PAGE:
The AGIS score is based on numbers of defect points falling in certain ranges, leading to a score that takes only integer values between 0 and 20. The CIGTS score allows for finer gradations. Despite these differences, the AGIS and CIGTS scores calculated from the same fields correlate highly (r = 0.92 in a sample of VF tests from non-CIGTS patients). 
A drawback of the CIGTS VF score is the use of an ordinal scale to capture the depth of defect based on the probabilities. A logical consequence of the CIGTS VF score algorithm is that, for example, four points in a cluster depressed to the 0.05 level are “equivalent” with respect to defect to three points in a line (a single qualifying point) depressed to the 0.005 level. Whether this assumption has any justification in terms of visual function has not been tested. Furthermore, the interpretation of a sum of such ordinal values has no direct meaning other than as a general measure of defect. 
The CIGTS VF score and the MD reported on the Humphrey printout also correlated highly (r = −0.93). A conceptual difference between the CIGTS VF score and the MD is that the MD reflects an average VF depression (in decibels) over the field, and even minor defects can depress the MD score. The CIGTS VF score is based on the probabilities from the total deviation probability plot, and only probabilities less than 0.05 can potentially increase the score. The CIGTS VF score has an advantage over MD, being based on the total deviation probability plot, that it may more accurately reflect field loss at points where the age-specific distribution is quite skewed. Also, the CIGTS VF score is not affected until at least three neighboring points are all depressed below the 5th percentile, potentially avoiding artifactual VF depressions at one or two points. The CIGTS VF score is somewhat less reproducible than the MD when comparing the first and second baseline measures. We conclude that the CIGTS VF score and the MD are quite comparable. The behavior of both scores over follow-up will provide a more complete basis of comparison. 17  
A preferable VF score would use the actual empiric percentile of age-adjusted values at each point. Unfortunately, the data distributions required for such calculations were not available from Zeiss-Humphrey Systems, Inc. Although the MD uses a fairly continuous measure (in decibels) of defect at each point, these point-wise values offer no comparison with respect to age-specific data from normal subjects at that point. The distributions of decibel levels in normal subjects for three points in the field are shown in Heijl et al. 11 The point near central vision (x = 3°, y = 3°) had a symmetric and reasonably Gaussian distribution of decibel values. The “P < 0.01” percentile was at approximately −5 dB. The distribution for a somewhat more peripheral point (x = 3°, y = 15°) was slightly more skewed, with larger variance and the “P < 0.01” percentile at approximately −13 dB. The most peripheral point (x = 3°, y = 27°) had a highly skewed distribution, with the largest variance and the “P < 0.01” percentile at approximately −22 dB. Clearly, the age-adjusted distribution at each point should be considered in any measure of VF loss. Averaging the actual estimated percentile data would be an improvement over both the MD and the CIGTS VF score. However, the fact that the CIGTS VF score and the MD, calculated in such different ways, correlated so highly, gives some assurance that neither is far off the mark.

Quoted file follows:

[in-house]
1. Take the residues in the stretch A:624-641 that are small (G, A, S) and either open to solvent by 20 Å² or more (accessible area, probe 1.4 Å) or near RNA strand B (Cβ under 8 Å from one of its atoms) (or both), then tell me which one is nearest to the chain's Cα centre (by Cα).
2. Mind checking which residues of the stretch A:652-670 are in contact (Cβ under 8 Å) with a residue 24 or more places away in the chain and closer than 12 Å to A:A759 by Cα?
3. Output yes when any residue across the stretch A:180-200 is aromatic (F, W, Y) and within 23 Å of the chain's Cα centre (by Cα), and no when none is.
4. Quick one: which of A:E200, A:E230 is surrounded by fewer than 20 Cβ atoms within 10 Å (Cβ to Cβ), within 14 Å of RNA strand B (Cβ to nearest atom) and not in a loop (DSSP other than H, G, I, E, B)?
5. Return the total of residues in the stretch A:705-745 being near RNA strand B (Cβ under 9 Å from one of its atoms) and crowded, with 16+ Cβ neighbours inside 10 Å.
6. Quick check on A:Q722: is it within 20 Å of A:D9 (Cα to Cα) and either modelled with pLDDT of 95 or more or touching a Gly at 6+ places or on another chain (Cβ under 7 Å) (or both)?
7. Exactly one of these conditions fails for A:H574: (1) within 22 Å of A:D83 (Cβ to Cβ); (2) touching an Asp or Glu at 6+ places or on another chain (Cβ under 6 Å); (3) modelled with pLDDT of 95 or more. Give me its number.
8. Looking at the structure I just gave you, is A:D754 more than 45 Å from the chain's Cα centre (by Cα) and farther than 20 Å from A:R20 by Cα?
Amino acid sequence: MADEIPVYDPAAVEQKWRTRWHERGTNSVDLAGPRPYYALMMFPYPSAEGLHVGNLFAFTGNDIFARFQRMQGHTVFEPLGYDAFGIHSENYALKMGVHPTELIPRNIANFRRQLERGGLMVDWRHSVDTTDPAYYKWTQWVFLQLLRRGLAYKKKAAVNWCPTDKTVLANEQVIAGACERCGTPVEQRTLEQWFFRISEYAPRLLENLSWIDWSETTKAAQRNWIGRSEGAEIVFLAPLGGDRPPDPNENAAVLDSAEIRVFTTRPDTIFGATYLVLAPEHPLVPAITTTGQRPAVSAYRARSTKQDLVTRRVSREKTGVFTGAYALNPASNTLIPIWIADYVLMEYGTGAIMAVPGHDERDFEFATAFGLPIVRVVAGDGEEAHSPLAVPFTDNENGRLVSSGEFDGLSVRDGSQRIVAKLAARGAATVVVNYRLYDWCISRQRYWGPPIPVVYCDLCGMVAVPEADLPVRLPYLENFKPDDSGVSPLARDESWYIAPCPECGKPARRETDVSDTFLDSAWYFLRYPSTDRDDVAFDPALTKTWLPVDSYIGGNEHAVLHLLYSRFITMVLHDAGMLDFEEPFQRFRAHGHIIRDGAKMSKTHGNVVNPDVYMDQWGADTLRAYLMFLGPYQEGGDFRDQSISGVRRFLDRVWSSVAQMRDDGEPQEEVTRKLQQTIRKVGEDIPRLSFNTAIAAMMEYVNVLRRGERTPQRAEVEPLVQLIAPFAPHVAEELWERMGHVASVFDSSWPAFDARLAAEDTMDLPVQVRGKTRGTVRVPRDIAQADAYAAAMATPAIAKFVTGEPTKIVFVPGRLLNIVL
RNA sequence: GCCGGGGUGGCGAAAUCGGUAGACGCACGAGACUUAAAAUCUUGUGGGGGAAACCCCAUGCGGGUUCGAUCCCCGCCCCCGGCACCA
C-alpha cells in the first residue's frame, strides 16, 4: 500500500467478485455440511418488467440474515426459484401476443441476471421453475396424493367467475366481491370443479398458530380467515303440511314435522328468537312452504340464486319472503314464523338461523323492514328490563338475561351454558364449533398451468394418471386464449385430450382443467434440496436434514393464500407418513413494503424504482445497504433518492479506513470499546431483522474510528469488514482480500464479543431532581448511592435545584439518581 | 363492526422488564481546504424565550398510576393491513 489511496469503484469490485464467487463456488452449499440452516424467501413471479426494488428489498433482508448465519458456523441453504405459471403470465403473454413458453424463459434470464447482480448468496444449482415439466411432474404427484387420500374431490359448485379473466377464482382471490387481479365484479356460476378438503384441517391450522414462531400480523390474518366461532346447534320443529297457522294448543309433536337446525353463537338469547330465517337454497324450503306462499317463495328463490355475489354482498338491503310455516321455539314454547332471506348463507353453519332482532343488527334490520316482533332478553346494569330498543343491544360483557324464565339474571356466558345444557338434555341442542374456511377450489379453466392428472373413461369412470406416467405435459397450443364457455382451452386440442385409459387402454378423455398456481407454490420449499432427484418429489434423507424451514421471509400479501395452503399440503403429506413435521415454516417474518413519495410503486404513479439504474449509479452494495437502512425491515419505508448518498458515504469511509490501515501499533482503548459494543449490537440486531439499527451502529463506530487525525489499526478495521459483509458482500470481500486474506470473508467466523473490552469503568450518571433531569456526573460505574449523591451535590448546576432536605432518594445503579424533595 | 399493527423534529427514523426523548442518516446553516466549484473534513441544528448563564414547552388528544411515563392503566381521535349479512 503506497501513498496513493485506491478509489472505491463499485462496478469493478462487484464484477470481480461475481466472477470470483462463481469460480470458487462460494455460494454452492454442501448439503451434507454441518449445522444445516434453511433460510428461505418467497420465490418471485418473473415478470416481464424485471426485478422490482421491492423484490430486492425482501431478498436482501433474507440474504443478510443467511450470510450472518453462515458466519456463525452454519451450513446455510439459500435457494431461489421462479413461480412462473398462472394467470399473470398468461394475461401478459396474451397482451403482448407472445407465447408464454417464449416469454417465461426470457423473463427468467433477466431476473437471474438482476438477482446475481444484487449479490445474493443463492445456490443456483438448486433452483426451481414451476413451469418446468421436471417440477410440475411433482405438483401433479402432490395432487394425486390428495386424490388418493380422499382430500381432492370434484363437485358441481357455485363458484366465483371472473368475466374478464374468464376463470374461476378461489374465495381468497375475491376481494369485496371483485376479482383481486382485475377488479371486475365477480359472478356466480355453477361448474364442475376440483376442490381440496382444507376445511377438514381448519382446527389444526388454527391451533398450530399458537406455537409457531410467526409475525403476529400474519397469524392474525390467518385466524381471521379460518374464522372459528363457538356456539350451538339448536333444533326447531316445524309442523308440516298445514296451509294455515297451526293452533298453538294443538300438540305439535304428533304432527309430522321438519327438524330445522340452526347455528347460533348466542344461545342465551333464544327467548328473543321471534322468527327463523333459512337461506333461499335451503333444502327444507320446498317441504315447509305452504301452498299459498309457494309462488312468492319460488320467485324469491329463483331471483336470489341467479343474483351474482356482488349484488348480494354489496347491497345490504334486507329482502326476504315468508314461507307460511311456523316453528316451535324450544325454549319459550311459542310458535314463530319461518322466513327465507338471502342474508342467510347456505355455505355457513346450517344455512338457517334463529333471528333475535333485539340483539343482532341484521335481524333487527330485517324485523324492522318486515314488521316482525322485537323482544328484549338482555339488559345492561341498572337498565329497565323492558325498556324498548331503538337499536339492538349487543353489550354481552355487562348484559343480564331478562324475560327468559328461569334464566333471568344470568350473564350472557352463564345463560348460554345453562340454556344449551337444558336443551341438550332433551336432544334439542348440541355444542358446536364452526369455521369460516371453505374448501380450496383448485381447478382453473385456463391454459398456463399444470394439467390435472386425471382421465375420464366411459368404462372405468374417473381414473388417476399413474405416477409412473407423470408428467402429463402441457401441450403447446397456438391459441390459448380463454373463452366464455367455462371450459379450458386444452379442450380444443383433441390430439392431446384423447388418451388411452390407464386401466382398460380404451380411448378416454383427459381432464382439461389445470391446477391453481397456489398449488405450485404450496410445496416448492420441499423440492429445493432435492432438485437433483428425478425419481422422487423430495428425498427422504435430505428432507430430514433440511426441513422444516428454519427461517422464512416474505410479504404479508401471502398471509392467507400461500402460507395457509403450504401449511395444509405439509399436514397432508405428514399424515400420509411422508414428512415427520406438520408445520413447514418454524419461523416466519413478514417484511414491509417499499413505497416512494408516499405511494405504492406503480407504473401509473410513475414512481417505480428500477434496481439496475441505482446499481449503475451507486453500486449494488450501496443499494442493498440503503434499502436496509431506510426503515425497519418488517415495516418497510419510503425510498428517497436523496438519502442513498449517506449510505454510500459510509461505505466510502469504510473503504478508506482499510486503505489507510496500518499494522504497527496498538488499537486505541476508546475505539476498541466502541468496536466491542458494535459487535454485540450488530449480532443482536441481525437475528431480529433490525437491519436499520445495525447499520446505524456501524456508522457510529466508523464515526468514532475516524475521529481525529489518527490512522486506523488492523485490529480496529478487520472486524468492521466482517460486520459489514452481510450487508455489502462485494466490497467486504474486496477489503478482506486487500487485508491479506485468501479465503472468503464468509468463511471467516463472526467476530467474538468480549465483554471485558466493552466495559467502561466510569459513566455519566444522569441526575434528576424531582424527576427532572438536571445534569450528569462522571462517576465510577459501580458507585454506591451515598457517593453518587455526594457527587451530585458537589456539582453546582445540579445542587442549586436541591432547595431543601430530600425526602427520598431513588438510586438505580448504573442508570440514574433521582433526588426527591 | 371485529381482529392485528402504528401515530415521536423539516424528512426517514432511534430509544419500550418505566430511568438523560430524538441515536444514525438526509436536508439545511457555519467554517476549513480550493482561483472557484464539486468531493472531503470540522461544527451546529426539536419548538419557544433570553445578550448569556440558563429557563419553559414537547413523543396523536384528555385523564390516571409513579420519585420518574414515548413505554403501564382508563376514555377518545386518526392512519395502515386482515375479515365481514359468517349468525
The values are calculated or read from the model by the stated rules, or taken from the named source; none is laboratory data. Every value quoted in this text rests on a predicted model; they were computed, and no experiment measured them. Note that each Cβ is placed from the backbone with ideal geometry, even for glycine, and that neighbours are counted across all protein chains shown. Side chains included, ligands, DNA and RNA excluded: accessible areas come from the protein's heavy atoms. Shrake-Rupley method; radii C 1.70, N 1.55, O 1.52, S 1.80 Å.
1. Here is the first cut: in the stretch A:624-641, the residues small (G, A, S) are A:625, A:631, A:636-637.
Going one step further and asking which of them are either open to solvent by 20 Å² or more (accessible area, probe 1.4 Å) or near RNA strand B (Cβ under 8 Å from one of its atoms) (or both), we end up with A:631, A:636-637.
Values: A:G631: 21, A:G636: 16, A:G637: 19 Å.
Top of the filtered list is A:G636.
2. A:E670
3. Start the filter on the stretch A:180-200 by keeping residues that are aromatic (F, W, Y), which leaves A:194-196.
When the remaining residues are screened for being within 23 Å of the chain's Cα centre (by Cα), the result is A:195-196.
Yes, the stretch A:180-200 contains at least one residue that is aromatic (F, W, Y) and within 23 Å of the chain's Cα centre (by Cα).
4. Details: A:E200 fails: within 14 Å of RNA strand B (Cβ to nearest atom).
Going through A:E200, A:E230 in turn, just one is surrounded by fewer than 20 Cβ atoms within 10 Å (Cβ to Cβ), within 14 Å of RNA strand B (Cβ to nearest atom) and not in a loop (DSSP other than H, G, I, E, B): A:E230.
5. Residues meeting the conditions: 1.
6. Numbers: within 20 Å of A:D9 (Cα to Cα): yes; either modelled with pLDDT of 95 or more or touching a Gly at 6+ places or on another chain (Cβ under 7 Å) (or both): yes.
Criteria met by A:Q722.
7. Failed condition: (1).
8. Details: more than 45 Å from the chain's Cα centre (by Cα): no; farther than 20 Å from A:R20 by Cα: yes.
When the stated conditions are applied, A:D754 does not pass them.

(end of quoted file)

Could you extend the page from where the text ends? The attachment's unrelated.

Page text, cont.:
Although a defect in the lower hemifield is generally associated with greater functional difficulty, the CIGTS VF score and the MD both give equal weight to all points of the field. The goal of each is to measure VF progression wherever it should appear, with measurement of function considered separately. We also acknowledge that a global score, such as either the CIGTS, MD, or the AGIS VF score, may miss VF progression if a worsening local scotoma is masked by minor improvement in other regions of the field. Also, counting only clusters of defect, as does the CIGTS score, may miss small but deep true points of defect. 18  
We found several variables that were significantly associated with increased VF loss at baseline in CIGTS participants. These included poor reliability score, male sex, black race, decreased visual acuity, presence of cardiovascular disease, and high IOP. Most of these variables have been reported in previous studies (reliability, 4 19 sex, race, visual acuity, and IOP 20 ). Although cardiovascular disease has not been explicitly associated with VF loss, VF loss has been associated with some risk factors for cardiovascular disease. 20 21 Street et al. 22 reported a weak association of atherosclerotic disease with visually significant cataract requiring surgery in Medicare beneficiaries. Vogel et al. 20 reported a significant correlation between their measure of VF defect and initial IOP (r = −0.26, where lower VF scores indicate greater defect; P = 0.0001), although the plot they present hints at a threshold rather than a linear relationship. Patients with initial IOPs less than 50 mm Hg had the whole range of VF scores, whereas patients with IOPs over 50 mm Hg had consistently poor baseline VF scores. The effects in our study of race and sex may be due to differential access to medical care or treatment-seeking behavior. Such effects are well documented in the literature. 23 24 As in AGIS, 1 we found no relationship between VF loss and baseline age.